Next Big Sound, which has poached quantitative minds from Apple, Microsoft, the NSA, the New York Yankees and others, can predict album sales within 20% accuracy for 85% of artists based on metrics involving social media growth and streaming spins. That takes a lot of the guesswork out of the $4.5 billion artist discovery-and-development industry.

“Data has transformed industries before,” White told FORBES last year. “Music’s the next one.”

If White is the Bill James of music, Cohen and his cofounders—and rivals—are aiming to become the Billy Beanes. And much like the baseball world, one of the major challenges is changing outdated beliefs that have long dominated the business.

Just as veteran scouts have been increasingly ditching statistics like wins and home runs in favor of spacey-sounding ones like BABIP, VORP and FIP, music executives who’ve long relied on their “golden ears” must now acknowledge the importance of, say, the velocity of growth in an up-and-coming act’s Wikipedia pageviews or Facebook likes.

To that end, Cohen announced a partnership with Twitter earlier this month that will allow 300 full access to the company’s data—including information that’s not available to the public, such as tags that reveal the location from which a tweet was sent.

“Our whole desire is to find talent and help shepherd them along, and bring them to the world in a highly respectful and very powerful way,” says Cohen. “And we feel that in this digital world, that you can do it with significantly fewer people.”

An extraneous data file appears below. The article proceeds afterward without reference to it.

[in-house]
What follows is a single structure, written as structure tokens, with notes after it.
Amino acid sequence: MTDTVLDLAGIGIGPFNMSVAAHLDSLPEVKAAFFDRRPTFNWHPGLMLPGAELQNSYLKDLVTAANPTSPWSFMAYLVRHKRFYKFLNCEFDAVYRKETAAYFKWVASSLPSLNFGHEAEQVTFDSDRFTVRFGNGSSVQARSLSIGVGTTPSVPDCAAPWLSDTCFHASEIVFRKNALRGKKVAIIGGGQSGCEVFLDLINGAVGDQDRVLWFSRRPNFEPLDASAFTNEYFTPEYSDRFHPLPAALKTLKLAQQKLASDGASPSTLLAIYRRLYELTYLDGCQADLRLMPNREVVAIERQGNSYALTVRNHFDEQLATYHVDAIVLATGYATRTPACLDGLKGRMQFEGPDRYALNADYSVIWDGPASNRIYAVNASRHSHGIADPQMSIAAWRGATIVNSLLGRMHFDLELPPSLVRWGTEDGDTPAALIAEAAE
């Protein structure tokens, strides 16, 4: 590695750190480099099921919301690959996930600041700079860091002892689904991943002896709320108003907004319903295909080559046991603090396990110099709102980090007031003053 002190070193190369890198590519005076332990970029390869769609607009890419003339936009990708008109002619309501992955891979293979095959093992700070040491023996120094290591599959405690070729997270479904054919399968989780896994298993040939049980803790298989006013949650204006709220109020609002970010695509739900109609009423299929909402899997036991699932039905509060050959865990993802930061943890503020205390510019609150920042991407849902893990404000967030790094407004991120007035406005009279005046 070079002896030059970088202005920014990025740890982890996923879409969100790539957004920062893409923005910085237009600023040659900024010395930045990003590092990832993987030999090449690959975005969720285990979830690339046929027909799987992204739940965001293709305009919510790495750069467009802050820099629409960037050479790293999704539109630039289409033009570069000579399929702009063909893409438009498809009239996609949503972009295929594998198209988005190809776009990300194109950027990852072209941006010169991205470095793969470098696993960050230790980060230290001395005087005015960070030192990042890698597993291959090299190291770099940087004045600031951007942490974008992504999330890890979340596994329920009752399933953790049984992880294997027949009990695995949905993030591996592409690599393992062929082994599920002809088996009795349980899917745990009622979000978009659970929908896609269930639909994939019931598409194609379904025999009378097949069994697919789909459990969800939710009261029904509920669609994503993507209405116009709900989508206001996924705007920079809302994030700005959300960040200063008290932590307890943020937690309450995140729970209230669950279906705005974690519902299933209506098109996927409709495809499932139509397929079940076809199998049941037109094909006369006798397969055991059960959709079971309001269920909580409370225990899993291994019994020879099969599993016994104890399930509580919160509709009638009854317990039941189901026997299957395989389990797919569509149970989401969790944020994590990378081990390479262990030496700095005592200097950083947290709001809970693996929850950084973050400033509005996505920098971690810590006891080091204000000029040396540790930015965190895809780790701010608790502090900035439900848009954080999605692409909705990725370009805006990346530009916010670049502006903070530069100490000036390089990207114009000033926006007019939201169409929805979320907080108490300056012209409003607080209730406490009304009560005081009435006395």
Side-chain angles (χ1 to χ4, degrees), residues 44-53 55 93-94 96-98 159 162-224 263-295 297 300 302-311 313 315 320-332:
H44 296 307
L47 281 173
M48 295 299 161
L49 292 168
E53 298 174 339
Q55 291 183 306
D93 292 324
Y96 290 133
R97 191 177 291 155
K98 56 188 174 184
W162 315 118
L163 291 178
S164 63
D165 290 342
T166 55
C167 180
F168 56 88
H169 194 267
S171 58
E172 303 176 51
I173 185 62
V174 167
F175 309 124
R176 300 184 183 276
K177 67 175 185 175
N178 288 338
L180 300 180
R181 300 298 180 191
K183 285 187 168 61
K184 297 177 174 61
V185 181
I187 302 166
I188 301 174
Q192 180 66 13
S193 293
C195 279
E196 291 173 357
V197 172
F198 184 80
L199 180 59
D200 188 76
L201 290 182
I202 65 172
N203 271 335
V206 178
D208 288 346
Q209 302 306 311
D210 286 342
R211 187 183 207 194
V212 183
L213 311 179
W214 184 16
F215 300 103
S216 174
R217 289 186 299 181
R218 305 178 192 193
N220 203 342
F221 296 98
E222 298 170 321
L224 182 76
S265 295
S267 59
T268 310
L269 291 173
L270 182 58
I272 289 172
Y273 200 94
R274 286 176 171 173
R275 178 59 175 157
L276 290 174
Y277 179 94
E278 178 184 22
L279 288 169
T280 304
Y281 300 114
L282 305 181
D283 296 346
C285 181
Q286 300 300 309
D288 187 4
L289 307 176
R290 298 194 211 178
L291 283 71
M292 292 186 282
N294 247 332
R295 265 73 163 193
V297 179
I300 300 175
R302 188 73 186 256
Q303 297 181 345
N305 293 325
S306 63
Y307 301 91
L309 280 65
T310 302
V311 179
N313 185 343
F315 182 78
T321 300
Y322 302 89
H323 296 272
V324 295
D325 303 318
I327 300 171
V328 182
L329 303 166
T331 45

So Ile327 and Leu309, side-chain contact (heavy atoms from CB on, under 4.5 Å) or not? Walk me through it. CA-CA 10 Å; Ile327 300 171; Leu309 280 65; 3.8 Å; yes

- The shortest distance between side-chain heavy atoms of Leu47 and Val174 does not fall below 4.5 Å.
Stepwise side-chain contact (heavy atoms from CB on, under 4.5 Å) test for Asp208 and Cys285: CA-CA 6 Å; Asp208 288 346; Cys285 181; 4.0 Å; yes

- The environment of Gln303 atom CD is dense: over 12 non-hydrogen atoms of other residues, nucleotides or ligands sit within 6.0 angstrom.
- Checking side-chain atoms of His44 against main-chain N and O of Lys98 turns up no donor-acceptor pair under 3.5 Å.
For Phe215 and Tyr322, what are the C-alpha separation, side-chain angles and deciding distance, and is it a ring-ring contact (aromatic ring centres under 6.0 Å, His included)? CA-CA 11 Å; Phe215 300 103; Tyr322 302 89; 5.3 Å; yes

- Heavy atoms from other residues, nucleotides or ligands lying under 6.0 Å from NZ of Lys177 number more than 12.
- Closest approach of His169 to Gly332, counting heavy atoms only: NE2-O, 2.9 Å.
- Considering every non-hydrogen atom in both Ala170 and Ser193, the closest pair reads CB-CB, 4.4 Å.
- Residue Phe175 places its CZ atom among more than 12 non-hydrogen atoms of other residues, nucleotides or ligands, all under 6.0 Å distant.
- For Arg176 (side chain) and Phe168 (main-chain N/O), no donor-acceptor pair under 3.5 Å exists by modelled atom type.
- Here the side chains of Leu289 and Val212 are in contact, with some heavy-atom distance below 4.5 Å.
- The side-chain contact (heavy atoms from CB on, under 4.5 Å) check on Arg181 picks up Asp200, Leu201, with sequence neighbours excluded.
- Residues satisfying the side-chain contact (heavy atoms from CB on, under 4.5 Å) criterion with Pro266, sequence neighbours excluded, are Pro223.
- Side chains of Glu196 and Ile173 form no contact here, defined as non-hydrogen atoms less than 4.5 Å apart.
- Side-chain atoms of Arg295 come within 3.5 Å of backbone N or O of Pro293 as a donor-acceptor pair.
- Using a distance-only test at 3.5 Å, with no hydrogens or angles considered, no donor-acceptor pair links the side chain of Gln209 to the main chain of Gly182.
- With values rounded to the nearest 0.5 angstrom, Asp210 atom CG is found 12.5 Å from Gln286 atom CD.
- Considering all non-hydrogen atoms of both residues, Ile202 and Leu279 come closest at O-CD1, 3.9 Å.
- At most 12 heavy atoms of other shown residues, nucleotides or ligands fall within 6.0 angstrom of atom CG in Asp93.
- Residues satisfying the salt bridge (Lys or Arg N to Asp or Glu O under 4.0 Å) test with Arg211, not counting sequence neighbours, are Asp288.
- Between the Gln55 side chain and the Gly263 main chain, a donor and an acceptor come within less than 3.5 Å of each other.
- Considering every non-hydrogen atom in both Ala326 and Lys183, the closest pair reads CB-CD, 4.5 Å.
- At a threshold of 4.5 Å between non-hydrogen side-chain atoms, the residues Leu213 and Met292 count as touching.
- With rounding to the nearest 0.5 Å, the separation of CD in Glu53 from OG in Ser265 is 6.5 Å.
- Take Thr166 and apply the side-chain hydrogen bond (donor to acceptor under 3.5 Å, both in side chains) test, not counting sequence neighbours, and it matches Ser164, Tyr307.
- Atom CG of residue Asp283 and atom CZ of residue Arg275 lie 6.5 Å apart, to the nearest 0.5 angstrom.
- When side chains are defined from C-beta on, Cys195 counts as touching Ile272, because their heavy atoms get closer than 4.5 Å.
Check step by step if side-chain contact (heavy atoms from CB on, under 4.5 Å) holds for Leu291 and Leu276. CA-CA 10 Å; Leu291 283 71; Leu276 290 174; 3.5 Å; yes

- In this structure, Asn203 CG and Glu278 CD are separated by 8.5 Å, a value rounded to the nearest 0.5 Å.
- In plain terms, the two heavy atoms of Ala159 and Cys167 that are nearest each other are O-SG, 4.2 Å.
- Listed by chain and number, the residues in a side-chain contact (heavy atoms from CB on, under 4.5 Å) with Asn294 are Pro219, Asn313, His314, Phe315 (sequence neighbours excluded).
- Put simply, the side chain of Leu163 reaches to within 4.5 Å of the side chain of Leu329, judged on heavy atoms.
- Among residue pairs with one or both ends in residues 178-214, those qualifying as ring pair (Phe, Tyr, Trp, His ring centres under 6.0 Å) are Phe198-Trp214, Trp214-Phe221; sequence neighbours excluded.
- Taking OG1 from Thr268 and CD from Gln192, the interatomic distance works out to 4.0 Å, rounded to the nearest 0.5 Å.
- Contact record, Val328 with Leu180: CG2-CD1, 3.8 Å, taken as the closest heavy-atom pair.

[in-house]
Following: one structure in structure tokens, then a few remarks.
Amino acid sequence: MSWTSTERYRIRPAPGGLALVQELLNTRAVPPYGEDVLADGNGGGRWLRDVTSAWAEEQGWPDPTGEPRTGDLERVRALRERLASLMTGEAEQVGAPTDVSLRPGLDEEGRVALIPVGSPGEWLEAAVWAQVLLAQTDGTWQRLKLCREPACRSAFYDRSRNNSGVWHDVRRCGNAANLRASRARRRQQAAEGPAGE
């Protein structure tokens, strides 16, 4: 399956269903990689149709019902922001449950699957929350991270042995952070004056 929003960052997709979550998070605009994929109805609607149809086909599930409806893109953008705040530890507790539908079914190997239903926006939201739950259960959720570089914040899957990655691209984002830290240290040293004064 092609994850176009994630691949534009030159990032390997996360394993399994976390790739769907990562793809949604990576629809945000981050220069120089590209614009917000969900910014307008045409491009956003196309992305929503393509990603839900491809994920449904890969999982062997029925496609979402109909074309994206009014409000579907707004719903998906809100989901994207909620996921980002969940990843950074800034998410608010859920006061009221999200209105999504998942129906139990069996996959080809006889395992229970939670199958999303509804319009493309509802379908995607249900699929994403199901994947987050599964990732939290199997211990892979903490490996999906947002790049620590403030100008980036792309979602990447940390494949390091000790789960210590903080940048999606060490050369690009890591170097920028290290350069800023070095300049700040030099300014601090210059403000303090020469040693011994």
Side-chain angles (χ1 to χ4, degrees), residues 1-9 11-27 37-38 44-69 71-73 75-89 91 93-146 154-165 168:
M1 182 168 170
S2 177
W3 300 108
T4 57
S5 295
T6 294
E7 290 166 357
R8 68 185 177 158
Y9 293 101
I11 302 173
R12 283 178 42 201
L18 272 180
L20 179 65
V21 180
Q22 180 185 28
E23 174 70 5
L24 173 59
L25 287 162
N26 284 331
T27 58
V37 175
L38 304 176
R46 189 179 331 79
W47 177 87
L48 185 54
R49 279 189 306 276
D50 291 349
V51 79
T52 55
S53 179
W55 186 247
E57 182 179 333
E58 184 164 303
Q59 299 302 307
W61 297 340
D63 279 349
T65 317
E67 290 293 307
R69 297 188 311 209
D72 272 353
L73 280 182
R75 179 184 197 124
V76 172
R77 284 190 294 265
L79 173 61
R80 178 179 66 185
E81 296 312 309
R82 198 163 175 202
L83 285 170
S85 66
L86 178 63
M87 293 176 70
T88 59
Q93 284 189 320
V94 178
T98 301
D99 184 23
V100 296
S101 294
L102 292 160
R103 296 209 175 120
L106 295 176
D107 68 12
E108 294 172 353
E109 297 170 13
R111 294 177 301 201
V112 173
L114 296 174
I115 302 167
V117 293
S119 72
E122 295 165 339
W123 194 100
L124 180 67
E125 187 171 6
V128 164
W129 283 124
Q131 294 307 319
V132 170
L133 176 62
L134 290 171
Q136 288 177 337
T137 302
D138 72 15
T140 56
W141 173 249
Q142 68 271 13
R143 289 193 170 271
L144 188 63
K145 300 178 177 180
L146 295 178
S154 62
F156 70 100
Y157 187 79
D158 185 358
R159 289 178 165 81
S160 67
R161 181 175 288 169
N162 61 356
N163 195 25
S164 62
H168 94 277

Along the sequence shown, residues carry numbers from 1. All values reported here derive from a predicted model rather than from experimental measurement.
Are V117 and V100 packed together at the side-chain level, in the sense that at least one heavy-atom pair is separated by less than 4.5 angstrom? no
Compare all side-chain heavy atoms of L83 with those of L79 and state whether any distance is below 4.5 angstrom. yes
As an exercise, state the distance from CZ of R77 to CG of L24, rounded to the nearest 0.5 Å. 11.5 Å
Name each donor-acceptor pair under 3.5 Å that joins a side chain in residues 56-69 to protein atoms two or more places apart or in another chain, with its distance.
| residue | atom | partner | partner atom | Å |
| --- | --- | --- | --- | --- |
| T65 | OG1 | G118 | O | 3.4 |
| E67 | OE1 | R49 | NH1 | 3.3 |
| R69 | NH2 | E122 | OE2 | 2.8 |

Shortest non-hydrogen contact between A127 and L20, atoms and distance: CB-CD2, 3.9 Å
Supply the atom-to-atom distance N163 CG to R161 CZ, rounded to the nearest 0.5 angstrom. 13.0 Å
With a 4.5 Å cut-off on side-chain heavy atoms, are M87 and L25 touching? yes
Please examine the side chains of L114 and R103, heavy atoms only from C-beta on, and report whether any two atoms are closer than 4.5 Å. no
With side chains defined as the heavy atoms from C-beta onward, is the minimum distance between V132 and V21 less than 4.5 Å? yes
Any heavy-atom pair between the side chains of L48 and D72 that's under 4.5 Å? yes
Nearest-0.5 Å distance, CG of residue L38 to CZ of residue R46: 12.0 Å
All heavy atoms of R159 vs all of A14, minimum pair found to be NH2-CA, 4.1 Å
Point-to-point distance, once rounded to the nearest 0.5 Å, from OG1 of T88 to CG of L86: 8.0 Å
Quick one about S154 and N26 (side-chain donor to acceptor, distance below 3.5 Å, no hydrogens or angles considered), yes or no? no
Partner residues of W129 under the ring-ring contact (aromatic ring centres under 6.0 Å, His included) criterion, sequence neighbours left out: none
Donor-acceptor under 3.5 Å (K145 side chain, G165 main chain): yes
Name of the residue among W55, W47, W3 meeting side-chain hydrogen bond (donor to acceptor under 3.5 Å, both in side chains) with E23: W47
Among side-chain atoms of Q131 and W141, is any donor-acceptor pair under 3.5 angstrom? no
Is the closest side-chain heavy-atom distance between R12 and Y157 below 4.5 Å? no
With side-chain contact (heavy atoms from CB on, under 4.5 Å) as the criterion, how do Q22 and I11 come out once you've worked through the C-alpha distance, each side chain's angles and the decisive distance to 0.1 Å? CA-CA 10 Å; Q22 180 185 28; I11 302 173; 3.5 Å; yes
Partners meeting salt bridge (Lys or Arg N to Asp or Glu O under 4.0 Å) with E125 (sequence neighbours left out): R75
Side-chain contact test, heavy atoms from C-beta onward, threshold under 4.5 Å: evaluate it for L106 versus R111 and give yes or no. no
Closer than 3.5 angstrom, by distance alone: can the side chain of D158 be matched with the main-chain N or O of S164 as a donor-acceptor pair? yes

Cohen, Liles and Moscowitz will have plenty of competition in their bid to create a new generation music label. The majors are wising up to the importance of predictive data; Next Big Sound has deals with many of the big labels, while similar outfits such as Musicmetric and Gracenote are also popular.

Warner Music Group, which Cohen helmed until 2012, recently announced a partnership with Shazam to develop a label jointly branded with the music discovery app. The two sides will split revenue from signees discovered through Shazam.

“By partnering with Shazam, a brand synonymous with music discovery for fans, we have forged a potent proposition—the first crowd-sourced, big data record label,” said Rob Wiesenthal, Warner’s chief operating officer, of the deal.

As for Cohen and his compatriots at 300, they’ll be leaning heavily on data, but they won’t be entirely abandoning their instincts.

“It’s going to always be our gut first once you get that information,” says Liles. “I would say 20% information, 80% what we do every single day. Because no piece of technology could ever find it, nurture it, bring it to market [and] also know when to say ‘no.’”

Fortunately for Raz Simone, Cohen, Moscowitz and Liles’ guts—and their data—led them to say “yes.”

For more on the business of hip-hop, check out my book Empire State of Mind: How Jay-Z Went From Street Corner to Corner Office. My next one, Michael Jackson, Inc, will be published on June 3rd. You can also follow me on Twitter and Facebook.

The World's Highest-Paid Musicians 2013

Source: Forbes Business